Last week the Globe announced that it had completed its newsroom cuts, the equivalent of 50 full-time jobs.
This week, the New York Times Co. met with the local unions to request concessions. Check out Times Co. threatens to shut Globe; seeks $20m in cuts from unions.
Turns out, instead of losing $1M per week, the Globe has been losing $1.6M per week or $85M annually.
As a current and longtime subscriber, I'm not sure I see where that money has been going. The paper is thin, with four standalone sections in the daily paper: Front/national section, Metro (which includes business), Sports and g (which includes comics, arts, health and whatever else doesn't fit in the front, metro or sports. The business section -- well, at first, I wrote "business page," though technically it usually has about 2 1/2 pages -- has a couple of reporters. Same for the health, which no longer has its own section.
The challenge for the Globe, the dominant paper in New England, by circulation, is that its web site is not great. To compete as an online-only site, it would have to improve the search engine capability on the site, improve navigation, add multimedia -- in other words, it will take some investment to make it successful online.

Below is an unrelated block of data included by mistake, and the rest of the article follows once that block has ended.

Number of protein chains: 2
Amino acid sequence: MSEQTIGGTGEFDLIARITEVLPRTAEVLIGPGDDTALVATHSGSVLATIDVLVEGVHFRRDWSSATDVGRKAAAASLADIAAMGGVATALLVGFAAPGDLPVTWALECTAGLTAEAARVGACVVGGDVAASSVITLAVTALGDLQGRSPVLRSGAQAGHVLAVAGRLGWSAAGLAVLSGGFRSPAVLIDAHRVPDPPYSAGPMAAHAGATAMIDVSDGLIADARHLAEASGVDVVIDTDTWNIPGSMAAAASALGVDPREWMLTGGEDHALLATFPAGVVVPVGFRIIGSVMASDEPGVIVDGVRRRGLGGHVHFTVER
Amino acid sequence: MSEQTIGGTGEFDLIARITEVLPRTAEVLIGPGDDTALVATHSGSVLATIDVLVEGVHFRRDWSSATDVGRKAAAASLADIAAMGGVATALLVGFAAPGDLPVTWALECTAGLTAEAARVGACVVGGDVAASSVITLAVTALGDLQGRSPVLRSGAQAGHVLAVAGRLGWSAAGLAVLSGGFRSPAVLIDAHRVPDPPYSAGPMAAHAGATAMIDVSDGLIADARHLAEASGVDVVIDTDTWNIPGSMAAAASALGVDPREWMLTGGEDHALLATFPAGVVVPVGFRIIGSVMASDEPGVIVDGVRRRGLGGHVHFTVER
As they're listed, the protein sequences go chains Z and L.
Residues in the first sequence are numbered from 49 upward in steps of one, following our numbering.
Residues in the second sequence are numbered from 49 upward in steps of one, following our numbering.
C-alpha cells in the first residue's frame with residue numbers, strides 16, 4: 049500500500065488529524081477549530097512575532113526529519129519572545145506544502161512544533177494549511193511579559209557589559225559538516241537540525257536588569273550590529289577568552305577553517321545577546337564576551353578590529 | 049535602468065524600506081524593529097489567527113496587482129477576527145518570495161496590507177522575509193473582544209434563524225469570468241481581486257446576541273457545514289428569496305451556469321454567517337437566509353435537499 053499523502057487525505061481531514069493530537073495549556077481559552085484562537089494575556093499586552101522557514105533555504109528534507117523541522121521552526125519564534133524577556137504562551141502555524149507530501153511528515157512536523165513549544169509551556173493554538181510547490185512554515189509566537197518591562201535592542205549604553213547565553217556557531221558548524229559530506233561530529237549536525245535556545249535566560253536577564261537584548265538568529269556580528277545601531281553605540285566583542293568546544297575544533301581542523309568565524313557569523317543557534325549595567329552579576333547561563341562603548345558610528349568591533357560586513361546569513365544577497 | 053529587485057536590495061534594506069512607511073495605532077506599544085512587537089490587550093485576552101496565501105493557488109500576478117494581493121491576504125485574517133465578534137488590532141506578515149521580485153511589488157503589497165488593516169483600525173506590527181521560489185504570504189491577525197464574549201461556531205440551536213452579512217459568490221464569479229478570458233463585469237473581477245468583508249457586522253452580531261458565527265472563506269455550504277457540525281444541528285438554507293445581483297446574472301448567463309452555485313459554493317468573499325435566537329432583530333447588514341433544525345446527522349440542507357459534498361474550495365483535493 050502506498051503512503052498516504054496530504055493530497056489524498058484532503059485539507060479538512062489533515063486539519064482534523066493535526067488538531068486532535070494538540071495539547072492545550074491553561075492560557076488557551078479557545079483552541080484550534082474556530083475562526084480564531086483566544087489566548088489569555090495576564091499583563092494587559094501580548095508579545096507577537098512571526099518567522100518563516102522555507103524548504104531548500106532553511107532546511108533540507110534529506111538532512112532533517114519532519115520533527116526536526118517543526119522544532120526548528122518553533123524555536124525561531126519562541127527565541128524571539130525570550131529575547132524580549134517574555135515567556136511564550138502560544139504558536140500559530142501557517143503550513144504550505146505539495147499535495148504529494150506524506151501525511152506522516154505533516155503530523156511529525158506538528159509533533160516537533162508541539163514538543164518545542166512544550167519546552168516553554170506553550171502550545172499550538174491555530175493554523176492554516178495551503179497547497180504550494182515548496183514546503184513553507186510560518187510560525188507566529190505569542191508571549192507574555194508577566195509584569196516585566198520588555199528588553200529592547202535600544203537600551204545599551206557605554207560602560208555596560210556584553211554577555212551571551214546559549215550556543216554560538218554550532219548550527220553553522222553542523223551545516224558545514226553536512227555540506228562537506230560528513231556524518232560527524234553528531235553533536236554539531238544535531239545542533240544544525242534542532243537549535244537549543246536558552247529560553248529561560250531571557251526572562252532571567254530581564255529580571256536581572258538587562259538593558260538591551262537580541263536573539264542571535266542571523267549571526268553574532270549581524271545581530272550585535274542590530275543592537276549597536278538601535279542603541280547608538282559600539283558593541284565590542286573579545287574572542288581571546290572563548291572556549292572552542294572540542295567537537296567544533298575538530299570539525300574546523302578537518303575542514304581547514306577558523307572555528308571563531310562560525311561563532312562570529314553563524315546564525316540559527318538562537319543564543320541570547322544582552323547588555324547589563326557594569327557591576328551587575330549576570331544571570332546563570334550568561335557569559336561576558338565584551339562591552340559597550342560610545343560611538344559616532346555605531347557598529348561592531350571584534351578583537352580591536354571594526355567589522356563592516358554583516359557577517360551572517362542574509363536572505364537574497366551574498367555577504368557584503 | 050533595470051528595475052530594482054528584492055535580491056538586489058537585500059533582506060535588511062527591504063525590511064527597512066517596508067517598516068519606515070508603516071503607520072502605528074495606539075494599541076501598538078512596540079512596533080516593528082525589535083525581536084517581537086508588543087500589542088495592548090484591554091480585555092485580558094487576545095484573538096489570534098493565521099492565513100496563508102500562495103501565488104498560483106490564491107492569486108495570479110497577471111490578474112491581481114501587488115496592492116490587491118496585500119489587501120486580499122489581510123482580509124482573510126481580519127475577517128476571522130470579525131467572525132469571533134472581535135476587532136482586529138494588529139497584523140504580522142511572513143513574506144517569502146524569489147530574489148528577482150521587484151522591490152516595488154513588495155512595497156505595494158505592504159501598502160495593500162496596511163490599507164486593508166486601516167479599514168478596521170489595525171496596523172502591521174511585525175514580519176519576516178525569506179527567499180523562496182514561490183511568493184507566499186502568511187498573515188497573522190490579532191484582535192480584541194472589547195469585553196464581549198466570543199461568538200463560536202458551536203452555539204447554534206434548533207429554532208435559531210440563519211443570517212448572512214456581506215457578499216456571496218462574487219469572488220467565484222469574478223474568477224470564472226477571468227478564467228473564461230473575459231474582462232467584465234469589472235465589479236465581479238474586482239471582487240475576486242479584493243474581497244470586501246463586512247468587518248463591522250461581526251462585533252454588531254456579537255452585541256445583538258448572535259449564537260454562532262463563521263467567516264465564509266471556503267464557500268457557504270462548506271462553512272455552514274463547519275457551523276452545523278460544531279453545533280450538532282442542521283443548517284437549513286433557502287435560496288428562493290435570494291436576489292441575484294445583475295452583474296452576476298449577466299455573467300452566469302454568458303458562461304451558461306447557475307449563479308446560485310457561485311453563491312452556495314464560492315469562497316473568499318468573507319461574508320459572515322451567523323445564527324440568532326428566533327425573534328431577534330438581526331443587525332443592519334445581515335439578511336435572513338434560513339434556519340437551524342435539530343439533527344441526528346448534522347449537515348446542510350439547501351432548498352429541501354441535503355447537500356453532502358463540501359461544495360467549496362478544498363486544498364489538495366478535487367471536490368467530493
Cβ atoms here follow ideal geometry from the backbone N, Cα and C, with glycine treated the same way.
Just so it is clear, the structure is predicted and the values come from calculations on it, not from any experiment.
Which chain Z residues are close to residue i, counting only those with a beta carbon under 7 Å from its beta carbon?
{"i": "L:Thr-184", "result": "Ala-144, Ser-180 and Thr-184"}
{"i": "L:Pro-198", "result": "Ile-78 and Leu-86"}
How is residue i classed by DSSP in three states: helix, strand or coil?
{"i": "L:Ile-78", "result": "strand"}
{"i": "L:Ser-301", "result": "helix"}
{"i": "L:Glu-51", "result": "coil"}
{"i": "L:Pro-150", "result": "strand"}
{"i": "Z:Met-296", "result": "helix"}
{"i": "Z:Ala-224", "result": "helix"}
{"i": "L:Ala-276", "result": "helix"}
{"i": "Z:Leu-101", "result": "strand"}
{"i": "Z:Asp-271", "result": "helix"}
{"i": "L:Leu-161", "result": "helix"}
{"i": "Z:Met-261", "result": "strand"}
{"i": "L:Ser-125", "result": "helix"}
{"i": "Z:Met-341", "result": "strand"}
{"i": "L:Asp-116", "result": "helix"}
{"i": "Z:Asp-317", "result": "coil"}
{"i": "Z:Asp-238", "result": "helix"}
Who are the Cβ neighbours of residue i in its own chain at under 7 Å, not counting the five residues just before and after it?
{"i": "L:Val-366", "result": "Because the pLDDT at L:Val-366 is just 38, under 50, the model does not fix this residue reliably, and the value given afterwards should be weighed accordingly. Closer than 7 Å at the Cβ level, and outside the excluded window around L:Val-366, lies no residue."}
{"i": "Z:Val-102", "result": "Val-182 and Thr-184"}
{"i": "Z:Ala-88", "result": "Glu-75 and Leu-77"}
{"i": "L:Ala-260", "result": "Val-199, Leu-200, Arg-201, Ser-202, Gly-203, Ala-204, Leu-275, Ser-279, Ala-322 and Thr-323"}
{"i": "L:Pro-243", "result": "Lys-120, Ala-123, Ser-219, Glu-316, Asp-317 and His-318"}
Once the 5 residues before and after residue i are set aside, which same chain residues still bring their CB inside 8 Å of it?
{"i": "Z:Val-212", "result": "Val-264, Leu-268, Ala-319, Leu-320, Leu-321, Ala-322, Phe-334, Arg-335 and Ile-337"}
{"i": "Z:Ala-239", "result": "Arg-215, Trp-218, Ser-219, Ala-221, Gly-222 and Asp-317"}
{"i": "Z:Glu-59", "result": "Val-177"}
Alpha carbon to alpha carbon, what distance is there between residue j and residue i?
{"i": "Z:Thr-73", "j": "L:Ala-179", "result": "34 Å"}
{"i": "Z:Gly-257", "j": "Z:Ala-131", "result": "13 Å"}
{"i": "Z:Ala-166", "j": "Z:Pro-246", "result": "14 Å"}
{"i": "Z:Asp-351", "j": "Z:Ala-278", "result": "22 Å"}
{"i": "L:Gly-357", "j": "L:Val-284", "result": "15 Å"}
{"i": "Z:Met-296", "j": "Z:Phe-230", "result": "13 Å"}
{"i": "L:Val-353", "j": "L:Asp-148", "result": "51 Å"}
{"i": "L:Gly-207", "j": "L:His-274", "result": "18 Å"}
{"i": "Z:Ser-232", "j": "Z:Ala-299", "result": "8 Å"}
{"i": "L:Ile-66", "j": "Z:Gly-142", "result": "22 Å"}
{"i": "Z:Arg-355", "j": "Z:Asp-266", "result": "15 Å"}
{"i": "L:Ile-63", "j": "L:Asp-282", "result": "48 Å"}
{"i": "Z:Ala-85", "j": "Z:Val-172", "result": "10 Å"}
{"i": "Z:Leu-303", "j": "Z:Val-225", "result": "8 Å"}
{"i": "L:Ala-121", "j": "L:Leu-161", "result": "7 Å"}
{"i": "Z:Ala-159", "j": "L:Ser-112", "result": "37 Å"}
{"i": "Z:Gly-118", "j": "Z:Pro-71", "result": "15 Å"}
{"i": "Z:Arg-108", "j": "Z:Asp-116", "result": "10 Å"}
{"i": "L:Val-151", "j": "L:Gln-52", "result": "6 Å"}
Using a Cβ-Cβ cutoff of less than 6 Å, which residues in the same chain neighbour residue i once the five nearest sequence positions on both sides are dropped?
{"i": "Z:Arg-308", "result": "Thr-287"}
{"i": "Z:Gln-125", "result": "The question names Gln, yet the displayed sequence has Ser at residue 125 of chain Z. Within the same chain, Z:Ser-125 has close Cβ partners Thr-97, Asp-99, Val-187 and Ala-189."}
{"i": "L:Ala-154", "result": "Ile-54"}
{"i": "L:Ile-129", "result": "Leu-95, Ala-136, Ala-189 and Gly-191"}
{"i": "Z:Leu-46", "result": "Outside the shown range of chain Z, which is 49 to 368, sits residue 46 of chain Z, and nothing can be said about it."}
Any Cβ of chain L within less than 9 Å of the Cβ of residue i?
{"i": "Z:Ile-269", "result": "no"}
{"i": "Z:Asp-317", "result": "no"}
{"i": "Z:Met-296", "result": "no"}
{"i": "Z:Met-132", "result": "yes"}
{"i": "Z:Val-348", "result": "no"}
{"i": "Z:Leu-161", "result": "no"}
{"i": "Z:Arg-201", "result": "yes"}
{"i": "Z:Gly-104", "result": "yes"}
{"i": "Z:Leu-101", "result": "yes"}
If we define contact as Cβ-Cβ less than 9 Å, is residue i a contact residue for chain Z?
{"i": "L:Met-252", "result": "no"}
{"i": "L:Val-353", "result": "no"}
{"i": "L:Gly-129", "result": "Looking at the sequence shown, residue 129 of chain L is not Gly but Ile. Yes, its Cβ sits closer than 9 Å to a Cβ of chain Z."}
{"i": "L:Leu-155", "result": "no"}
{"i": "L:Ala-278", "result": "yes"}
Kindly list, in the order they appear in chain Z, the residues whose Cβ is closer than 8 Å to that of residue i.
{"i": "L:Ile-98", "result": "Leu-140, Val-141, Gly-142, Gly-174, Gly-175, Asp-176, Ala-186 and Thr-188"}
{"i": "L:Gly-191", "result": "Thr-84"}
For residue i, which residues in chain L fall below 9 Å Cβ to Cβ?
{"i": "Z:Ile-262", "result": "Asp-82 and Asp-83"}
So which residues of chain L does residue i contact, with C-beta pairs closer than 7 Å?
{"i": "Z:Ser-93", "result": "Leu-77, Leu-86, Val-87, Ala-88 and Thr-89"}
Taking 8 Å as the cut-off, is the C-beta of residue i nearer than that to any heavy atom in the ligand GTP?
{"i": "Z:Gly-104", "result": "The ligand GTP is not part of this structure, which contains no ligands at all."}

That's probably true, too, for the Seattle P-I and other papers making the shift.
They all have to reinvent themselves as an online outlet.
As for the print Globe itself, NY Times management is asking the union to make concessions. Given unemployment figures and lack of alternatives, I think they'll have to work with management to save the Globe and their jobs.
But I actually read a quote from a journalism professor that said, in part, "The newspaper is telling the unions that radical changes have to be made or the newspaper is no longer viable. The question is whether it's a negotiating ploy."
I'd say, given the current market, the steps the Times Co. has taken to raise money, that that person was not paying attention. (He added, "In this situation, the request on the part of the management is not unusual or out of the ordinary" but I think we're beyond "negotiating ploys.")
Good luck, Boston Globe.